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Week in Review: ESPN Spotlights Goldwater’s Super Bowl Victory

February 11, 2023

When the city of Phoenix censored its own citizens to appease the National Football League (NFL), the Goldwater Institute successfully fought back—and with America’s eyes trained on Phoenix for the biggest sporting event of the year, ESPN blared Goldwater’s Super Bowl victory to millions. The message from the Worldwide Leader in Sports’ bombshell story is clear: Goldwater just showed the nation how to stand up to big government and the multi-billion-dollar machine that is the NFL.

“The NFL has long exerted control over its jewel event,” ESPN reports. “But last Thursday…a Phoenix judge said the league, the host committee and its Super Bowl planning had crossed a line: Violating the U.S. Constitution.”

Like most Super Bowl host cities, Phoenix was all too eager to cater to the NFL’s long list of demands. But Goldwater sued the city for unconstitutionally forcing residents and business owners in the downtown “clean zone” to beg the NFL for permission to put up signs on their own property—and we won in court. Never before has a legal challenge to a Super Bowl clean zone gained traction, ESPN said—not until Goldwater took action. Now the NFL, and city governments across the country, know there’s a line: trampling citizens’ constitutional rights.

Read ESPN’s investigation here, and read more about our victory at In Defense of Liberty.

Maine School Hides Child’s ‘Gender Transition’—and Goldwater Takes on the Fight

Maine mom Amber Lavigne is furious: A public school counselor secretly advised Amber’s 13-year-old daughter to change her gender and gave her a chest binder to flatten her breasts, then encouraged the child to hide it all from her parents. Now the Goldwater Institute is stepping in to hold Great Salt Bay Community School officials accountable for deliberately keeping her daughter’s “gender transition” a secret.

Goldwater is demanding the school board investigate the counselor’s actions and calling on the school to inform parents of any decision that affects their children’s wellbeing. After all, the U.S. Supreme Court has consistently held that it’s parents who have a fundamental right to control and direct the education, upbringing, and healthcare decisions of their children.

“I feel like my rights were violated and my daughter’s education was put on the back burner,” Amber told the Washington Times. “I feel like they overstepped and drove a wedge between my child and her family.”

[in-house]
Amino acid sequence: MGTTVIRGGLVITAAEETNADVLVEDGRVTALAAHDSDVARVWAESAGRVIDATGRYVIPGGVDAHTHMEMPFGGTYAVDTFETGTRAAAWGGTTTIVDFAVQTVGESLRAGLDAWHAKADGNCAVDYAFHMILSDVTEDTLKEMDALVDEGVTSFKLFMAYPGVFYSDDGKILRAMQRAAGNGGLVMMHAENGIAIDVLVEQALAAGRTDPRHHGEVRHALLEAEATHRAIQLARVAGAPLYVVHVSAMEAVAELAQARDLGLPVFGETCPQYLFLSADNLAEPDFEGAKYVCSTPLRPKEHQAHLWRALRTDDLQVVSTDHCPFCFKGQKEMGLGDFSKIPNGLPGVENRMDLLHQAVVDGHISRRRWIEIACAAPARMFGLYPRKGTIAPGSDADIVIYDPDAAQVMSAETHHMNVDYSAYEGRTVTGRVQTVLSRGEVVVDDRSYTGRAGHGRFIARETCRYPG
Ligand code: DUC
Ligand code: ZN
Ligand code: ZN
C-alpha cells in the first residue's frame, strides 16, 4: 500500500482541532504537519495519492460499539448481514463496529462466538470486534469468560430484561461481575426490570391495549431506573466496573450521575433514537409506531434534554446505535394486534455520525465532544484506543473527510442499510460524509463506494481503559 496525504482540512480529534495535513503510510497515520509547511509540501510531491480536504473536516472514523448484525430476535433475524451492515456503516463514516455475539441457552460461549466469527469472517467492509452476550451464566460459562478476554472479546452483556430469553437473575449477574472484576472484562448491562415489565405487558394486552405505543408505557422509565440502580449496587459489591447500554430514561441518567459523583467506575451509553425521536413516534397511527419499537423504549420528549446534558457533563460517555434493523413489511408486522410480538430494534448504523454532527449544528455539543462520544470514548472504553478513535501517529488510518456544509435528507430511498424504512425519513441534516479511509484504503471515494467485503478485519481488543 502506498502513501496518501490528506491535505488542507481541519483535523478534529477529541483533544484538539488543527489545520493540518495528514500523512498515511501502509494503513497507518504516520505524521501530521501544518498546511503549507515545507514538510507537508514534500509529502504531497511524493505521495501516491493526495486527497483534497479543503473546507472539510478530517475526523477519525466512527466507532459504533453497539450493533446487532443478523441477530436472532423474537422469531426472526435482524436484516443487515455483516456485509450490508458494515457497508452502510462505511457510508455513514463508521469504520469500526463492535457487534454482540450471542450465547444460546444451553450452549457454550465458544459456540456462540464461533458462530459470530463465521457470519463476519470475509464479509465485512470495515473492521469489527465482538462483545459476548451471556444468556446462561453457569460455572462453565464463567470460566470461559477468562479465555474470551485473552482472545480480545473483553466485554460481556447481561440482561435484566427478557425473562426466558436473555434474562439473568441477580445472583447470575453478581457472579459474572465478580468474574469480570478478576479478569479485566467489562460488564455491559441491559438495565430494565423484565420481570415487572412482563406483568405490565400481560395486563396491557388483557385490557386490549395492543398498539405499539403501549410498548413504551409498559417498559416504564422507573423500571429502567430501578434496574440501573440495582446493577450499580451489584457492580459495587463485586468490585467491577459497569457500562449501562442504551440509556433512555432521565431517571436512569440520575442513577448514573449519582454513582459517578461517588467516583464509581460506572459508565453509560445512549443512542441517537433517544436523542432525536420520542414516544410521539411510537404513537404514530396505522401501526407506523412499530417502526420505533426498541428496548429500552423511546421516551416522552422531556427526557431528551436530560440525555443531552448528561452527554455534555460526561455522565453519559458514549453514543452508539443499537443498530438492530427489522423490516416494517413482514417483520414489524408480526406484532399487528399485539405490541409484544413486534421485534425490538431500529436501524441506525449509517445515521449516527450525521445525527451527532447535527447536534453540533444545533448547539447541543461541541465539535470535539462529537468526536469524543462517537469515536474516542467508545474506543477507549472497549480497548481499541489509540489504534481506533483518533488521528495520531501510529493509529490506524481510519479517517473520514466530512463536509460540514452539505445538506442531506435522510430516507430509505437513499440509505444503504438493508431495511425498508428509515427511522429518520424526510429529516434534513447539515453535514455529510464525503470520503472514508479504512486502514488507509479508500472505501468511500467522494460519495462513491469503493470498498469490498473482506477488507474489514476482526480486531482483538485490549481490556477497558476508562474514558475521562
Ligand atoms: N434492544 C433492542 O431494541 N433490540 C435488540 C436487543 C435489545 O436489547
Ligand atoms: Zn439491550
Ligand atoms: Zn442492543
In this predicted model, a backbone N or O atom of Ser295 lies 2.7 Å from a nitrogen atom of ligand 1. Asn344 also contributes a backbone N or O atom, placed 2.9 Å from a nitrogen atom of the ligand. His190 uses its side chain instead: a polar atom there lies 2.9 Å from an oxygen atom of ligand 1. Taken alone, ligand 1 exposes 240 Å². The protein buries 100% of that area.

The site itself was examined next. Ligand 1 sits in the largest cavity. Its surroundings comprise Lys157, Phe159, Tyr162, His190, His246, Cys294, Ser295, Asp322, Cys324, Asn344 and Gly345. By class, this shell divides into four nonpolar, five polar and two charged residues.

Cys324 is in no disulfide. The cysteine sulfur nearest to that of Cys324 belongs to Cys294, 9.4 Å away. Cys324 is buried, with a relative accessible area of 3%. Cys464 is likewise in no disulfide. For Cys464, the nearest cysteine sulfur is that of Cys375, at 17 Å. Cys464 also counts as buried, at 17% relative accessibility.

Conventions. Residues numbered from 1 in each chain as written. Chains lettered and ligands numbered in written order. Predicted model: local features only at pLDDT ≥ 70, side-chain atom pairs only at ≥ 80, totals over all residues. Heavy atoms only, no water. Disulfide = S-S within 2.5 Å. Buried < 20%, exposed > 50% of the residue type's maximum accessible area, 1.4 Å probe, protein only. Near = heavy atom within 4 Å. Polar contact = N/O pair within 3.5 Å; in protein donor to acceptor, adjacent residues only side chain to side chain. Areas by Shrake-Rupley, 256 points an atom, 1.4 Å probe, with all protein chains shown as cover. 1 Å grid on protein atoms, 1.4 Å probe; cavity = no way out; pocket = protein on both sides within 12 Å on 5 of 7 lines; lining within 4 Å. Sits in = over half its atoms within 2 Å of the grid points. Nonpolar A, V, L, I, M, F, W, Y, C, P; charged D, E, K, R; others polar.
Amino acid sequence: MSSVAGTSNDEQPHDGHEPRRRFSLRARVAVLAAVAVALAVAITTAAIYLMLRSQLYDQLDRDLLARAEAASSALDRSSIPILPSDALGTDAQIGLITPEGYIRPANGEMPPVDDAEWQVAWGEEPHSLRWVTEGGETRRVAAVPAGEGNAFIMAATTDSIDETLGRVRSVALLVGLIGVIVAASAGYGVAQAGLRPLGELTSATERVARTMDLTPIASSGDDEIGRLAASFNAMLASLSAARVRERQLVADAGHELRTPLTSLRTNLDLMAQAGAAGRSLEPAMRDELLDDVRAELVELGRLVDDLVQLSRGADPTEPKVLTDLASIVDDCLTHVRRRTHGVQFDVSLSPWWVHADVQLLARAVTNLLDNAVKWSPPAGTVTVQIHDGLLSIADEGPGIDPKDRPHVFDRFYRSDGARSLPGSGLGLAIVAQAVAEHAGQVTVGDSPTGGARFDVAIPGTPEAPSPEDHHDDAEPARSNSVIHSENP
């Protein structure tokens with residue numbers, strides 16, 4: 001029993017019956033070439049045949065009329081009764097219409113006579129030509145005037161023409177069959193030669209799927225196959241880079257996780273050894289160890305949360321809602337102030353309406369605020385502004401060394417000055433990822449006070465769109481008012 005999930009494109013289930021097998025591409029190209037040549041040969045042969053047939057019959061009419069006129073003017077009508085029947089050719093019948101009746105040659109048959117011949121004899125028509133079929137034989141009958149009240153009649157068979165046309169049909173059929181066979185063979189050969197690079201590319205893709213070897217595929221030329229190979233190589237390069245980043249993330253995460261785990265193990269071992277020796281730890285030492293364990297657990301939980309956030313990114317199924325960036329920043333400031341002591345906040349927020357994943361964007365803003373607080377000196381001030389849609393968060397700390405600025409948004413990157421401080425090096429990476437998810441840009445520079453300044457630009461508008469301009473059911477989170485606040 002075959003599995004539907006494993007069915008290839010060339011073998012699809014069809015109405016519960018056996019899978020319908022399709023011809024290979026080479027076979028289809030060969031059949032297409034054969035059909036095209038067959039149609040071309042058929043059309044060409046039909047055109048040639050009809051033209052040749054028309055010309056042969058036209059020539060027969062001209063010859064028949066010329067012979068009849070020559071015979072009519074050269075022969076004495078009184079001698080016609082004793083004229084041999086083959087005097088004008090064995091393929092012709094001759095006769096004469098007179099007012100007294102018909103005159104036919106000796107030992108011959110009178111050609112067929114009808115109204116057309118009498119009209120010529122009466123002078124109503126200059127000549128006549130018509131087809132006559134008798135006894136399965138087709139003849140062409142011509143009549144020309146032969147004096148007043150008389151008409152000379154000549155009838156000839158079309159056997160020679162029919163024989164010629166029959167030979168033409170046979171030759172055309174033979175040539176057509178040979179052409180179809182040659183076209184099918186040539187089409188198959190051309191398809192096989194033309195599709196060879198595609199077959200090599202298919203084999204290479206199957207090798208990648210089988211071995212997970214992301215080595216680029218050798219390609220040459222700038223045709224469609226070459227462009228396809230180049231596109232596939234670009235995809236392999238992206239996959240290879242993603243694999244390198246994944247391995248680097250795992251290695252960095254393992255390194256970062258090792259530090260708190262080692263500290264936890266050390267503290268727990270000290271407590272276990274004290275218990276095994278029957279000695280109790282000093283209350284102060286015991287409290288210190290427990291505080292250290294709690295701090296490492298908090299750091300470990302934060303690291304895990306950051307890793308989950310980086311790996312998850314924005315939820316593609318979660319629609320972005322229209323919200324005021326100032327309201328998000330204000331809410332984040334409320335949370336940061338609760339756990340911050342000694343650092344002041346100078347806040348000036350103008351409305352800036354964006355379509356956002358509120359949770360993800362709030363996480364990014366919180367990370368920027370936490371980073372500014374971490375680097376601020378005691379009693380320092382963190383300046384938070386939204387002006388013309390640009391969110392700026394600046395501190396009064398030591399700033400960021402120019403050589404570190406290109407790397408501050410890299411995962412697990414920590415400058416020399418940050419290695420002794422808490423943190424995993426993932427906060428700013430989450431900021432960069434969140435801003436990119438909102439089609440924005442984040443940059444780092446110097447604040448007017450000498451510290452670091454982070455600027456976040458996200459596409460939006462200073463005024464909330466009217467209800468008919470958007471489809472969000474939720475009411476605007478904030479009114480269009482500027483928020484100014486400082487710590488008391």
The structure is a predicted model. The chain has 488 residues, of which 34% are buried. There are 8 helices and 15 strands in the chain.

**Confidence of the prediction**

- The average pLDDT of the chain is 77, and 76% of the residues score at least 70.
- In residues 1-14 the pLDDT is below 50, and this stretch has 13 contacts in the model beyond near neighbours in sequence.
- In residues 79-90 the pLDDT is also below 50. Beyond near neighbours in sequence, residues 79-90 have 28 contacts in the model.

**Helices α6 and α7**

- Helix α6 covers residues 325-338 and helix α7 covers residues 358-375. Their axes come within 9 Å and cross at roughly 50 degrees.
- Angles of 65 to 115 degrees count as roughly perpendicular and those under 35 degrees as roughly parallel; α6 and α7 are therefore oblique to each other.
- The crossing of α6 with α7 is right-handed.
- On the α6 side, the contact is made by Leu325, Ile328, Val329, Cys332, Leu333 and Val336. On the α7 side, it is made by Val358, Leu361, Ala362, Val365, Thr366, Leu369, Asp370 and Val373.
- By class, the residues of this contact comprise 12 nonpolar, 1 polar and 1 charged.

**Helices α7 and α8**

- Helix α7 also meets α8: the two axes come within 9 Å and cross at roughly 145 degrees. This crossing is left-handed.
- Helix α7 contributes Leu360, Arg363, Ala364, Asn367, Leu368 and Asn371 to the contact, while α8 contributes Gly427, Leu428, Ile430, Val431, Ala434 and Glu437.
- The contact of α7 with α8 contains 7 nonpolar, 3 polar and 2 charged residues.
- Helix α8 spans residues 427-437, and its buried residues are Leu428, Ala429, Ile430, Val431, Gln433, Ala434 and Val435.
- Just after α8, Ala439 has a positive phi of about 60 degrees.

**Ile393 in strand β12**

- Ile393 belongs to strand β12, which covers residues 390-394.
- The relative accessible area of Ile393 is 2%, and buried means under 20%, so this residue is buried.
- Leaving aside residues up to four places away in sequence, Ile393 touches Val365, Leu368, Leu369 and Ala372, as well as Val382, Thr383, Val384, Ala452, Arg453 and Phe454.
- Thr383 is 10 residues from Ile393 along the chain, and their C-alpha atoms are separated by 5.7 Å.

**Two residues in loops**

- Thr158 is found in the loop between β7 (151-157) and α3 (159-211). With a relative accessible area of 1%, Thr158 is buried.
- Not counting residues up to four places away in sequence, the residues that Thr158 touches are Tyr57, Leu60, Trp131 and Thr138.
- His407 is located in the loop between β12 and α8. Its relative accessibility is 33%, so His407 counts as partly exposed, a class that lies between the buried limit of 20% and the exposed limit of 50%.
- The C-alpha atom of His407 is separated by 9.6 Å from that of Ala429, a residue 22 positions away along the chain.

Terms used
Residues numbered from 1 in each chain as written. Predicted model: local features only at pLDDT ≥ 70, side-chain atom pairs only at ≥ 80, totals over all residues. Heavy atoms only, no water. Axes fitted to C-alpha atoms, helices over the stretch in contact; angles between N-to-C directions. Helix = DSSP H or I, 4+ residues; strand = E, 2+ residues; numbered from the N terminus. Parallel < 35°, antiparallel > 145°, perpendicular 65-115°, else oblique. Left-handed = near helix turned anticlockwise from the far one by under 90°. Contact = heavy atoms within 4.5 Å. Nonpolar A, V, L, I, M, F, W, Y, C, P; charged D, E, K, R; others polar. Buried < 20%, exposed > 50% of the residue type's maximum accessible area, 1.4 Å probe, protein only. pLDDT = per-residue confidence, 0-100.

Across the country, activist educators think they know better than parents. But Goldwater is fighting back to empower moms and dads to make decisions that best meet their children’s needs—and standing up for parents like Amber.

Read more at In Defense of Liberty.

How the States Can Fight Administrative Tyranny

Should fishermen be forced to pay the salaries of government-mandated observers to ensure that the fishermen comply with federal regulations? When an obscure federal agency tried to make them pony up, fishermen in New England sued—only for a federal appellate court to defer to the government and uphold the agency’s actions.

As Goldwater Institute Vice President for Litigation Jon Riches writes in National Review, judges regularly give regulators at all levels of government this sort of broad deference when those regulators make decisions that are later challenged in court. Considering the tremendous control state agencies exert over Americans’ everyday lives, state legislators should take action to stop such administrative tyranny.

Goldwater’s blueprint—a 2018 law the Institute passed to eliminate Arizona’s version of administrative deference—has already resulted in court decisions strengthening due process rights and the separation of powers. Georgia, Tennessee, and Florida have since followed suit, passing reforms to rein in deference by overwhelming margins. “As the reforms in Arizona and elsewhere show, state legislatures can and should lead the way to ensure that citizens affected by government regulations get a fair hearing in court, and that agencies are held accountable for the decisions they make,” Riches concludes.

Read more of Riches’ National Review article. 

 

 

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